Ay me… St. John’s! I can’t say the name of the place without cracking a smile. Gold Medal Plates has had some notoriously splendid evenings there since we embraced Newfoundland and Labrador and last night was no exception. Our fearless leader, Stephen Leckie, was missing in action, stricken by the flu and confined to quarters, but Karen Blair was there to rally the troops and Seamus O’Regan was our dashing emcee. Curt Harnett conducted the athletes’ interviews to the delight of the sold-out crowd and we had music coming out of (and into) our ears from Jim Cuddy, Ed Robertson, Anne Lindsay and Spirit of the West’s John Mann and Geoffrey Kelly. John and Geoffrey are coming with me on the Scottish GMP trip next June and I anticipate some great songs from them amid all the other splendours we have in store up there on the very northern edge of Britain. A good many St John’s guests bought the trip last night thanks to auctioneer Wayne Bartlett’s persuasive ways: it’s going to be a PARTY.
You never can tell how the chefs will cross the line at a Gold Medal Plates event – all in a pack or strung out across the field. Last night we had a unanimous winner and by the widest margin I can remember, followed by a very tight huddle of half a dozen chefs, anyone of whom could have made the podium. Working it all out was a roster of palates considerably changed from previous years. Senior Judge, Karl Wells, was beside me as always at the judging table, and chef and culinary instructor, owner of Chef to Go, Bob Arniel was also back in his chair. Joining us this year was author, screenwriter and wine and food guru, Edward Riche; chef, food writer and culinary blogmeister, Nicholas Gardner; home economist and culinarian Debbie Youden; and, of course, Chef Shaun Hussey of Chinched Bistro, who won gold last year and represented Newfoundland and Labrador most commendably at the 2013 Canadian Culinary Championships.
Taking the bronze medal was chef Andrew Hodge of the Holiday Inn St. John’s Govt Centre. Introducing his dish at the judges’ table, he explained that it was a snout-to-tail tribute to Newfoundland’s excellent pork. There was a raviolo filled with a moist farce of pork cheek and pork belly, subtly perfumed with some Italian black winter truffle. A juicy little cabbage roll was stuffed with minced pork shank and shoulder. The third main component was a swooping shard of biscuitty tuile that curled up from the plate, weighted down by a tiny puck of herbed goat cheese and a very tasty croquette made from the pork liver and heart flavoured with roasted garlic. A soft nugget of roasted carrot and three moments of spiced carrot purée nestled up to the cabbage roll. Dots of yellow beet purée and a bold stripe of red beet jam decorated the plate while a balsamic fig reduction provided some welcome acidity. Chef chose a great wine for pork – the tangy, beautifully balanced, complex Cave Spring Cellars 2009 CSV Riesling from Niagara.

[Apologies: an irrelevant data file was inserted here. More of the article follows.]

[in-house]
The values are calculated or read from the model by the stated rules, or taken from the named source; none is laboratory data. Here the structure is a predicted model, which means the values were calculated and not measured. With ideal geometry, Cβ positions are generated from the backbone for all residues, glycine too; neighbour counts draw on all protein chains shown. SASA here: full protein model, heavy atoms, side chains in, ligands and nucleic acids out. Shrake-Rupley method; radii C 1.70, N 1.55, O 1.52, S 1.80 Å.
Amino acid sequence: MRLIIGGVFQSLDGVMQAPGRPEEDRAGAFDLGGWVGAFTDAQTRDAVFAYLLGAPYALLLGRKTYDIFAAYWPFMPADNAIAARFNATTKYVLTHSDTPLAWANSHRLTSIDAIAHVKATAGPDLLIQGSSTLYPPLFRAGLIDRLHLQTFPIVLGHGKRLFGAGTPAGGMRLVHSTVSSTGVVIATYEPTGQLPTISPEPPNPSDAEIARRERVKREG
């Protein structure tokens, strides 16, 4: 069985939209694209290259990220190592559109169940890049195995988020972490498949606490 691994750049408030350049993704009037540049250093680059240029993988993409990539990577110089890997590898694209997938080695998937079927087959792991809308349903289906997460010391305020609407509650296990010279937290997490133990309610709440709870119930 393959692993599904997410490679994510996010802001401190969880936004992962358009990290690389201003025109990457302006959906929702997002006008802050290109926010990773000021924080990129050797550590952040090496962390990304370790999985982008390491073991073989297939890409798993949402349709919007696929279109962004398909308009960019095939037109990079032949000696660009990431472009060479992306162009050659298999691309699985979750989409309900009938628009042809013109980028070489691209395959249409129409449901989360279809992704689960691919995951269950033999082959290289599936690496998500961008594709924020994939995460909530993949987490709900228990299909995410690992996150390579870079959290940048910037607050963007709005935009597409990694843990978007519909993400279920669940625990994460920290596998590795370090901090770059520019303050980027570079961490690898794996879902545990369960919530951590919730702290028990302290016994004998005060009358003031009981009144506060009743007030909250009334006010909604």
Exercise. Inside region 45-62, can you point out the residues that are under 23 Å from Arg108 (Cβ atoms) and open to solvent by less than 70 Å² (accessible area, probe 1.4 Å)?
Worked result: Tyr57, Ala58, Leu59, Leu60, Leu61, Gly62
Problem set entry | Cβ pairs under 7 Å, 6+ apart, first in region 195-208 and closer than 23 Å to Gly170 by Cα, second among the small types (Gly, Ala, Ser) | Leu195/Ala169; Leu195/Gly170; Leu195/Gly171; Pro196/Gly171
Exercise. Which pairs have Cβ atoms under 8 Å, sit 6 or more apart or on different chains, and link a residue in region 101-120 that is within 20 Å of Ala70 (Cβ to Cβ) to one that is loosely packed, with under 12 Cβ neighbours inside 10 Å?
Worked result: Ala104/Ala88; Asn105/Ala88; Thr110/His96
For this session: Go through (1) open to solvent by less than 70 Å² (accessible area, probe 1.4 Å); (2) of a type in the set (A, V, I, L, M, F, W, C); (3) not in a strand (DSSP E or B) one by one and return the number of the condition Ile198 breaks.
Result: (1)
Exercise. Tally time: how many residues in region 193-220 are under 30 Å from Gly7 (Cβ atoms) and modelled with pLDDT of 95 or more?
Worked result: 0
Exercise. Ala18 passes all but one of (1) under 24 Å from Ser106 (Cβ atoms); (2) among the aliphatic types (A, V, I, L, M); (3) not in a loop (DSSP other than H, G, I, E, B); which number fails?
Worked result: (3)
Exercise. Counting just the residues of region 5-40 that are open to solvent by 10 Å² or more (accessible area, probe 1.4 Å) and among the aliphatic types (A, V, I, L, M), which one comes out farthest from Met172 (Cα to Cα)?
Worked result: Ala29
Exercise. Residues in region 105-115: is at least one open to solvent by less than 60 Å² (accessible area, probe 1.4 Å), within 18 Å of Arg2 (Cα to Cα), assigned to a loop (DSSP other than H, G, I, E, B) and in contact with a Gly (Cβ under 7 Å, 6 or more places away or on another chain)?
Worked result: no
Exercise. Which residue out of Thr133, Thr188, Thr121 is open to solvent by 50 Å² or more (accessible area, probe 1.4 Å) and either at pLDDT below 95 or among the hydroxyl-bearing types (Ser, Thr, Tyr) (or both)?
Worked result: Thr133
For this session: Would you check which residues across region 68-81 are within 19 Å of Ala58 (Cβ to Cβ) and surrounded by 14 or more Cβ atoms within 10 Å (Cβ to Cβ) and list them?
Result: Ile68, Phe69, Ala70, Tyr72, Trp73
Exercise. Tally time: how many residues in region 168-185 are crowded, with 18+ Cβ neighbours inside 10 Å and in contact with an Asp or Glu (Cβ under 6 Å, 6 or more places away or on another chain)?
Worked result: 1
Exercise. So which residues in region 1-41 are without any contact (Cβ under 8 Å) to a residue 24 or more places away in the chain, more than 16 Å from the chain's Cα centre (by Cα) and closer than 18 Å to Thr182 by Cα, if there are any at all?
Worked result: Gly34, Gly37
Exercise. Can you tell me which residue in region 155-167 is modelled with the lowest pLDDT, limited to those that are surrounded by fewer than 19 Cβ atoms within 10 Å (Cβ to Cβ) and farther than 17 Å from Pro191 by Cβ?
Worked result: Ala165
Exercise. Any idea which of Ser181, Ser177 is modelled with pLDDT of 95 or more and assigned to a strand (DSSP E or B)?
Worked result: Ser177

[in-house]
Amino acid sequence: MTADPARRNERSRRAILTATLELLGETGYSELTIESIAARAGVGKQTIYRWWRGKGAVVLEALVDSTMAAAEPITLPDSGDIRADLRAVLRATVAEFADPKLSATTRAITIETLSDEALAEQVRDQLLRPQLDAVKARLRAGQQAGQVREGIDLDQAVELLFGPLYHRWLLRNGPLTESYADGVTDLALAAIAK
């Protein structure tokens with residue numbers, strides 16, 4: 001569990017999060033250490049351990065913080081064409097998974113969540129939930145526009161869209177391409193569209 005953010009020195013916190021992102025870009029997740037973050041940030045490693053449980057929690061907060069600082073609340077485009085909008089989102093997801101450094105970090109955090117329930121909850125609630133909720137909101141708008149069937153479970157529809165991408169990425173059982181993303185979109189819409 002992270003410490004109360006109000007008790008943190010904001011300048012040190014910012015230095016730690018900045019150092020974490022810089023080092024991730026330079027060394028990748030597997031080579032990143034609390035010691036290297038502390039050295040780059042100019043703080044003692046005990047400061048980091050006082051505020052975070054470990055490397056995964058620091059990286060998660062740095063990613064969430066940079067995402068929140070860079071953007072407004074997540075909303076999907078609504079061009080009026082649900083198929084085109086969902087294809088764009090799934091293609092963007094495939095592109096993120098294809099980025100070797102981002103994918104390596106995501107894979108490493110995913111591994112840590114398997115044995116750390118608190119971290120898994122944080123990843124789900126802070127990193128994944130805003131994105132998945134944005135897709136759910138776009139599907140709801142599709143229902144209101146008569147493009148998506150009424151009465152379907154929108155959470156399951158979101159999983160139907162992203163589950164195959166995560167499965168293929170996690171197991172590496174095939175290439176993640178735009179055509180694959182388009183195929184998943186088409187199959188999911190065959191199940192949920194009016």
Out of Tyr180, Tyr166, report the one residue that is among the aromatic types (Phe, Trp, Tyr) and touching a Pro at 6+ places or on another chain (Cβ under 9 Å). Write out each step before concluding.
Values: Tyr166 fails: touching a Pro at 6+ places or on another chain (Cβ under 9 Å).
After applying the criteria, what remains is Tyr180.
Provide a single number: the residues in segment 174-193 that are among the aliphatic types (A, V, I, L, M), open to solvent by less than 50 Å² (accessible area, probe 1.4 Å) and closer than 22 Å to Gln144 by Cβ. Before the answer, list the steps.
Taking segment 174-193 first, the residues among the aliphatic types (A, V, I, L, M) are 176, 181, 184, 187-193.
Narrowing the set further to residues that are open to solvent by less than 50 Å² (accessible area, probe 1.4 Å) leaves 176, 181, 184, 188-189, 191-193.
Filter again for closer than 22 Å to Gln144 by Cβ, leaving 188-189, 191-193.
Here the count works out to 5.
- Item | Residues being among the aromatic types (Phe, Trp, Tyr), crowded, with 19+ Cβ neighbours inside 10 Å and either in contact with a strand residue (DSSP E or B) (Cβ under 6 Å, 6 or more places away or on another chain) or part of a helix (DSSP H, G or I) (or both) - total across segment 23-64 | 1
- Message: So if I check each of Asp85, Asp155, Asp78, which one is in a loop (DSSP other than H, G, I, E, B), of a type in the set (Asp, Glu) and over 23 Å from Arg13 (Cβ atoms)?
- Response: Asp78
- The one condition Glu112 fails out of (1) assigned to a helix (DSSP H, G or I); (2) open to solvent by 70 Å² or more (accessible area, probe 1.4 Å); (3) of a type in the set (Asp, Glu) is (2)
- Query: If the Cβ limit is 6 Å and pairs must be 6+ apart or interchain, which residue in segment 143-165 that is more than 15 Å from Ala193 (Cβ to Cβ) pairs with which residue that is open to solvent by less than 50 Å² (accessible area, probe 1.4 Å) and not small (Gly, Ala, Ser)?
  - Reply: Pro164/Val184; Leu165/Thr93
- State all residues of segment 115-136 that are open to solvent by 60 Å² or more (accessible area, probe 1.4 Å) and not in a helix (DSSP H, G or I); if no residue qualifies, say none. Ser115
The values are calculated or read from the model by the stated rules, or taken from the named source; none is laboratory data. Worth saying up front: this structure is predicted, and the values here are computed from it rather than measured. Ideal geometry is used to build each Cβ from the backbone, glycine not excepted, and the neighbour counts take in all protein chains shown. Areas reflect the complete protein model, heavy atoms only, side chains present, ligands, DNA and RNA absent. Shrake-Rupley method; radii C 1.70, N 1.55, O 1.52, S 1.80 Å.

Our silver medal was won by chef Ruth Wigman from Bistro Sofia. She is the first female competitor St John’s has ever given us and she stepped up onto the podium to a standing ovation. Her dish took a more Asian take on that great Newfoundland pork, centring on a handsome slab of lacquered pork belly, marinated with citrus, soy and Korean chili. Flanking it we found two tortellini filled with Peking duck – gorgeous bites of flavour – and topped with a delicately flavoured Szechuan foie gras foam. A sprinkle of crumbled crackling garnished the pork belly and the plate was beautified by perfect Brussels sprout leaves, pink discs of pickled radish, a strewing of sprouts and seedlings and a touch of soured pear. Chef’s wine was a fine choice, its cherry and violet notes playing nicely with the gentle Chinese flavours on the plate – Red Paw Vineyard 2011 Pinot Noir from Coyote’s Run Estate Winery in Niagara.